On the (Rest of the) Net.


Anne Helen Peterson dissects the ultimate family Christmas movie, The Family Stone. What’s your ultimate Christmas movie? Mine have always been the Home Alones (I’m partial to the second one, Lost in New York) (whose haven’t?), the Miracle on 34th Street remake with Mara Wilson and the trashy ridiculousness that is Olivia Newton John in A Mom for Christmas. The plot, for those of you unlucky enough to have never heard of it, is this: Jessica is a motherless girl who wants a mum for Christmas. She makes a wish on a department store wishing well for, you guessed it, a mum for Christmas. Next thing Jessica knows, Amy (Newton John) shows up for the holiday season to act as a housekeeper and babysitter for Jessica and her dad. Plot twist: Amy is a department store mannequin come to life. Hijinks ensue. [LA Review of Books]

ICYMI: I wrote about my unmet expectations of The Blogcademy and where I see my career going in 2015.

The dawn of female pleasure-centric sex scenes on TV is upon us. [Vulture]

The Manic Pixie Dream Guys, Dudezels in Distress and Men in Refrigerators of Disney movies. [Bitch Flicks]

This journalist should have written that the Montreal massacre of 25 years ago was an explicit attack on feminists rather than sanitising the crime to make it more palatable to readers. [Ottawa Citizen]

Mindy Lahiri was the most revolutionary character on TV this year and, finally, the female answer to the legendary antihero. [The Guardian]

Getting it right when talking and writing about gender and sexuality diversity. [Junkee]

As tensions between police and unarmed people of colour continue in the U.S., here are the 76 unarmed people of colour who’ve been murdered by police in the past 15 years. [Gawker]

US Cosmopolitan‘s seemingly new found feminist awakening. [Jezebel]

Feminist writers of the Aussie and NZ persuasion, including yours truly, are featured as part of the 79th Down Under Feminists Carnival. [Hoyden About Town]

I went as Beyoncé standing in front of the feminist sign at the MTV VMAs to my work Christmas party. Head on over to my Twitter page to check out photos from the night.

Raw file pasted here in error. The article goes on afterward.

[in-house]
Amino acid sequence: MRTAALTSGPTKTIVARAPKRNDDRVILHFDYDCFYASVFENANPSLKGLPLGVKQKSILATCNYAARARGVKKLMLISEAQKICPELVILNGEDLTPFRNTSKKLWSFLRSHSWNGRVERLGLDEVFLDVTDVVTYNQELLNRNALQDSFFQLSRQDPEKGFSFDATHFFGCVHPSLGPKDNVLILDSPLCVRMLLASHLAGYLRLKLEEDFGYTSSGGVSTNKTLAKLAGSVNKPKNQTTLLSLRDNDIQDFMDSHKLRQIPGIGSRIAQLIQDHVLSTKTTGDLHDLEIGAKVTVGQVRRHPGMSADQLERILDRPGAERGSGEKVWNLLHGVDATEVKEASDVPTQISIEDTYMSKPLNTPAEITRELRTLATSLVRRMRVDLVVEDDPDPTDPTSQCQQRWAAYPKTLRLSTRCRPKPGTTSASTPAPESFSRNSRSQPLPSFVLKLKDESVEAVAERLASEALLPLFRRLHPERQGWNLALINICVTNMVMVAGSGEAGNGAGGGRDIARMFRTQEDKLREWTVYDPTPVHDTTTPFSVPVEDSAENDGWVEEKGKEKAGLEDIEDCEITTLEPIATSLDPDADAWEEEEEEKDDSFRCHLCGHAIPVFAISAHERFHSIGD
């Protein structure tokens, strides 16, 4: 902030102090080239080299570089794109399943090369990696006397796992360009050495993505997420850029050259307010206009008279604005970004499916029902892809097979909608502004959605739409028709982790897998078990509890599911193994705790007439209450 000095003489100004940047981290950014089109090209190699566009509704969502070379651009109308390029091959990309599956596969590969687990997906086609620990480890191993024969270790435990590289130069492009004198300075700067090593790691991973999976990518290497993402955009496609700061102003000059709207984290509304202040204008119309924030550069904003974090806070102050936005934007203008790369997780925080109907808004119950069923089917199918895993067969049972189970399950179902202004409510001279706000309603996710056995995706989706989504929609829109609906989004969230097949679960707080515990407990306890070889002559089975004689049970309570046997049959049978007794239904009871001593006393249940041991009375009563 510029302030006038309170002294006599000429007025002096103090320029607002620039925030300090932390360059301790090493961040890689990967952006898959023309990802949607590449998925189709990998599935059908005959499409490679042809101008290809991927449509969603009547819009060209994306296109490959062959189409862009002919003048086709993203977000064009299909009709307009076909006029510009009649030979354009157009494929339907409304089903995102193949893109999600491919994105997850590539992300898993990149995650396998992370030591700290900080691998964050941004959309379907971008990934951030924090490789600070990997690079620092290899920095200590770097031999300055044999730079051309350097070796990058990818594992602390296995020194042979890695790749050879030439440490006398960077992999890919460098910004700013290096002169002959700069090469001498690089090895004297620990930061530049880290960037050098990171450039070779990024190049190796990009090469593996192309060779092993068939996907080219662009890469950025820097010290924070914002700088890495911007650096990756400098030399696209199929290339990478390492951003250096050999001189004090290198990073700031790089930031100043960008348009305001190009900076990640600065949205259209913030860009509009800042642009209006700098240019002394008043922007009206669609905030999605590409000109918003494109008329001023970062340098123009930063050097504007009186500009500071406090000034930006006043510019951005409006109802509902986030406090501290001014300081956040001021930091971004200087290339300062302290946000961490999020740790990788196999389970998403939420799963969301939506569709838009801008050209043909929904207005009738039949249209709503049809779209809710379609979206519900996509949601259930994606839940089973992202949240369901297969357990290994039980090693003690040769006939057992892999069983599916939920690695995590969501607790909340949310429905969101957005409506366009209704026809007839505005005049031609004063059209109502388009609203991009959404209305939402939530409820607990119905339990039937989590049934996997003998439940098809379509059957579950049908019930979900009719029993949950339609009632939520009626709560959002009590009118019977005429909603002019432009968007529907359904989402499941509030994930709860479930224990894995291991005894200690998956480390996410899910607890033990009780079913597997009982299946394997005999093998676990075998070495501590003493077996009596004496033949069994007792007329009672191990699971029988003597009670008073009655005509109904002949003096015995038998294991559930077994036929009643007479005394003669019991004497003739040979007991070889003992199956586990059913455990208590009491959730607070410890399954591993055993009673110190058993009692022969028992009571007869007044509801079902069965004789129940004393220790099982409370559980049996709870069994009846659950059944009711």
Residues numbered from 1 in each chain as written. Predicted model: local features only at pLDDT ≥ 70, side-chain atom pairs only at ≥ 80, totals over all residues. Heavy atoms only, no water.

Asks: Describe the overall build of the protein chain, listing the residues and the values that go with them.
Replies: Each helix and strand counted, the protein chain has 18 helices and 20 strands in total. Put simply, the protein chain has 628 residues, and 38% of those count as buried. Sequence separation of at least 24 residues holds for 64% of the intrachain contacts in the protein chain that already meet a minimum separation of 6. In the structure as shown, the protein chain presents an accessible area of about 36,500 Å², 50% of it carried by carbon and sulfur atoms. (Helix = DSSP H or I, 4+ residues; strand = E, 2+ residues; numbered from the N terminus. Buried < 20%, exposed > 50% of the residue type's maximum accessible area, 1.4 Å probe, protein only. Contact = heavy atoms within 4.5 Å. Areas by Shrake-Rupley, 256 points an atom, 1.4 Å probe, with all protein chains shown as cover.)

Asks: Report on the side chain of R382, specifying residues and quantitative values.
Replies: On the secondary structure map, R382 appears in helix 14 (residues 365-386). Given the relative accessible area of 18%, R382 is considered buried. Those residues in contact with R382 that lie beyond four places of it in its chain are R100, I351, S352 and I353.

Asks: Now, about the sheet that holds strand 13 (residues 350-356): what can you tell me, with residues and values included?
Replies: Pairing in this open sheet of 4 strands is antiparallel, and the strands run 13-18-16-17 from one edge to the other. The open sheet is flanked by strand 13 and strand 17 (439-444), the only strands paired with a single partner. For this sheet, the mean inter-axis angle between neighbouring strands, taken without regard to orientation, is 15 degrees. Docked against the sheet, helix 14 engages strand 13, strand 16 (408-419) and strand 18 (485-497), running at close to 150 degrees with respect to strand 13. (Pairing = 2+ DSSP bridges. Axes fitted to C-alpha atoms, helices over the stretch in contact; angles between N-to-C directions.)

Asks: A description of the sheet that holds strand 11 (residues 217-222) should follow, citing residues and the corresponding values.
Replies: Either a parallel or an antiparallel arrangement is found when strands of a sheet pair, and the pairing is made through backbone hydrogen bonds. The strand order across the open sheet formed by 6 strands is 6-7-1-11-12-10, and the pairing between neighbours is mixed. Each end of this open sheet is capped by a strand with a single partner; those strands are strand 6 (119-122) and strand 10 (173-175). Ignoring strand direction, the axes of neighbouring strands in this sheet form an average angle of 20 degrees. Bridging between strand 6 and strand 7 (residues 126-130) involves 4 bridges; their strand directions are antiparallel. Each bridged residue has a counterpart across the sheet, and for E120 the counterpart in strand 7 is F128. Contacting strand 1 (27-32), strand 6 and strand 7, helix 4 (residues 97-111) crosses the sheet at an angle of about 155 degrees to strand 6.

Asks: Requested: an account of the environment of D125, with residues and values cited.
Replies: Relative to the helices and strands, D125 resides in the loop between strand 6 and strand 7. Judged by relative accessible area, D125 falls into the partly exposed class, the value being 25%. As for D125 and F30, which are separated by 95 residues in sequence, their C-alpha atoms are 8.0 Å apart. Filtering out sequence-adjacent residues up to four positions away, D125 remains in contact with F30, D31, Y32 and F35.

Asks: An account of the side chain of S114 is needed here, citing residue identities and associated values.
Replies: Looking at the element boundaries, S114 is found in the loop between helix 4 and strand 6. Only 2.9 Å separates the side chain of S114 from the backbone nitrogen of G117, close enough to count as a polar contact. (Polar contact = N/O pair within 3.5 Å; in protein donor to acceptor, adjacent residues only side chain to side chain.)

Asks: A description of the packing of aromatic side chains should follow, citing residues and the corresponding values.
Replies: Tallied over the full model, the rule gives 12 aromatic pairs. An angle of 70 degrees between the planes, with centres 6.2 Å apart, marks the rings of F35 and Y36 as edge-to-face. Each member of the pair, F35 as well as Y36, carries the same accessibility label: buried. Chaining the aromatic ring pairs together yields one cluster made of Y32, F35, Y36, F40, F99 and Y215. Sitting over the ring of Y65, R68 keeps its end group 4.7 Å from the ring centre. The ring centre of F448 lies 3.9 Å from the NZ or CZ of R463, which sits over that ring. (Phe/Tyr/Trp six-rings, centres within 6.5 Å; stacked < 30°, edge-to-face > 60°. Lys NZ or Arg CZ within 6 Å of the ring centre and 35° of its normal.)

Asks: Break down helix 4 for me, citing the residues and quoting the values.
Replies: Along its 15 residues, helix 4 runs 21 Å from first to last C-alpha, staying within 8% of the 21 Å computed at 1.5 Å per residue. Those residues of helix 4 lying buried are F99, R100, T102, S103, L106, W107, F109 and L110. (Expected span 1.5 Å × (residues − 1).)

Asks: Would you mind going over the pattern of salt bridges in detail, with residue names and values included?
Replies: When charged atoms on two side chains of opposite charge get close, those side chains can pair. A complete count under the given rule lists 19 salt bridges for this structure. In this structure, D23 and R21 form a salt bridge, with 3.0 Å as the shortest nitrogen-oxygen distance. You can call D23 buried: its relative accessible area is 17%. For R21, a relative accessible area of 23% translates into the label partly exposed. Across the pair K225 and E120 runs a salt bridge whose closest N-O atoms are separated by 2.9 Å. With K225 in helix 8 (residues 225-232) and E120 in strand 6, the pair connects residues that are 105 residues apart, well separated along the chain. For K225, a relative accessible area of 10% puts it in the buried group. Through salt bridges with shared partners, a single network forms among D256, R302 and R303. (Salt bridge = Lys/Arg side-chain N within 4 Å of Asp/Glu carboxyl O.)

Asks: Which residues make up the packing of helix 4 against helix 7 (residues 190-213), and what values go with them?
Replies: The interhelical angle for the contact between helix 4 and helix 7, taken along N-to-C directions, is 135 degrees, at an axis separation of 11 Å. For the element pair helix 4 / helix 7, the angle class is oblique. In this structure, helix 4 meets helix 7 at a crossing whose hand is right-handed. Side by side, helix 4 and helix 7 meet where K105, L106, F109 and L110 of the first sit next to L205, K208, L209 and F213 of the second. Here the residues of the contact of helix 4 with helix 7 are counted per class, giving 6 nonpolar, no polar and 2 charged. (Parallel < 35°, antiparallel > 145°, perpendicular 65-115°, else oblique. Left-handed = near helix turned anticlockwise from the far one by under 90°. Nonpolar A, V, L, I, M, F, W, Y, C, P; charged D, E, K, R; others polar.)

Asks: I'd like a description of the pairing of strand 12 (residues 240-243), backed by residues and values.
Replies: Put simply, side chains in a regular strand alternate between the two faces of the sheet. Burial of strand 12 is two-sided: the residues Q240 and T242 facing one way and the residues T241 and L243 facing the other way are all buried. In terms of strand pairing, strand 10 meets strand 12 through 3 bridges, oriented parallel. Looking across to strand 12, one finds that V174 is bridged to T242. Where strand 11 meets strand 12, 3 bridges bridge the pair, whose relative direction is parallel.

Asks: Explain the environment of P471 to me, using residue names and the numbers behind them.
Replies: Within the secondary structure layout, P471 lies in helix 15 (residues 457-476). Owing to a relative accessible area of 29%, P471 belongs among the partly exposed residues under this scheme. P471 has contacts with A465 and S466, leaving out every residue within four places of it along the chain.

My friend, colleague and important disability advocacy worker Stella Young died on the weekend. Below are some of her pieces I have linked to in the past.

“Destroying the Joint? at Melbourne Writers Festival.”

And in her piece from Destroy the Joint, Stella insists she’d like to just be allowed in the joint! [ABC Ramp Up]

How to speak to and about people with disabilities. [ABC The Drum]

“The Case Against Peter Singer.” [ABC The Drum]

People with disabilities are not here for your inspiration. [ABC Ramp Up]

Peter Dinklage shouldn’t be fetishised at an “unlikely crush”. [ABC Ramp Up]

MamaMia spoke to Stella about the National Disability Insurance Scheme, and she also wrote there about the disability pension myth.

Image via Christmas TV, Eh!

Movie Review: Space Jam—It Doesn’t Stand Up Over Time.


It’s amazing how some things we loved as children fail to live up to the hype as adults.

When I saw the ads for Space Jam on Go! last week, I just had to watch it. I haven’t seen it in a good ten or fifteen years, but it’s one of those childhood classics—like Home Alone or Mrs. Doubtfire—that you just have to watch given the opportunity.

And let me tell you, I haven’t seen such a sexist and racist kids movie in a very long time!

Firstly, there’s only one female in the whole movie that isn’t a wife, mother, child or housekeeper, and even those roles are very minor ones, appearing onscreen for less than five minutes in total. You can rest assured that Lola is objectified as the sexy, albeit sporty, “don’t-call-me-Doll” rabbit who wears short shorts and a midriff top, while everyone else wears actual basketball attire. On a side note, Pepé Le Pew makes a cameo in the film, which prompted my housemate to refer to him as the poster boy for sexual harassment. With his love interest, Penelope Pussycat, being one of only a few female Looney Tunes, Pepé is well within his rights to stalk and harass her til his heart’s content for deigning to be an attractive female in a male dominated world.

In the race department, the Looney Tunes aren’t really known for their fair portrayal of those who aren’t white and/or American. Look at Speedy Gonzales, Pepé, and the episodes featuring Ali Baba, blackface and Native Americans. But I found it shocking that the premise of Space Jam, which escaped me at a younger age, is capturing Michael Jordan to be a slave—replete with chains—at Moron Mountain theme park. A cartoon sequence that shows Moron Mountain’s owner, Mr. Swackhammer, fantasising about having Jordan as a side show attraction was a particularly low point of the movie.

Not only is Space Jam sexist and racist, but the plot has major holes in it. In one way I’m glad that I was able to see Space Jam for what it truly is, but on the other, I kind of wish it had stayed in childhood and remembered for its nostalgia.

Image via Download Free MP4 Movies.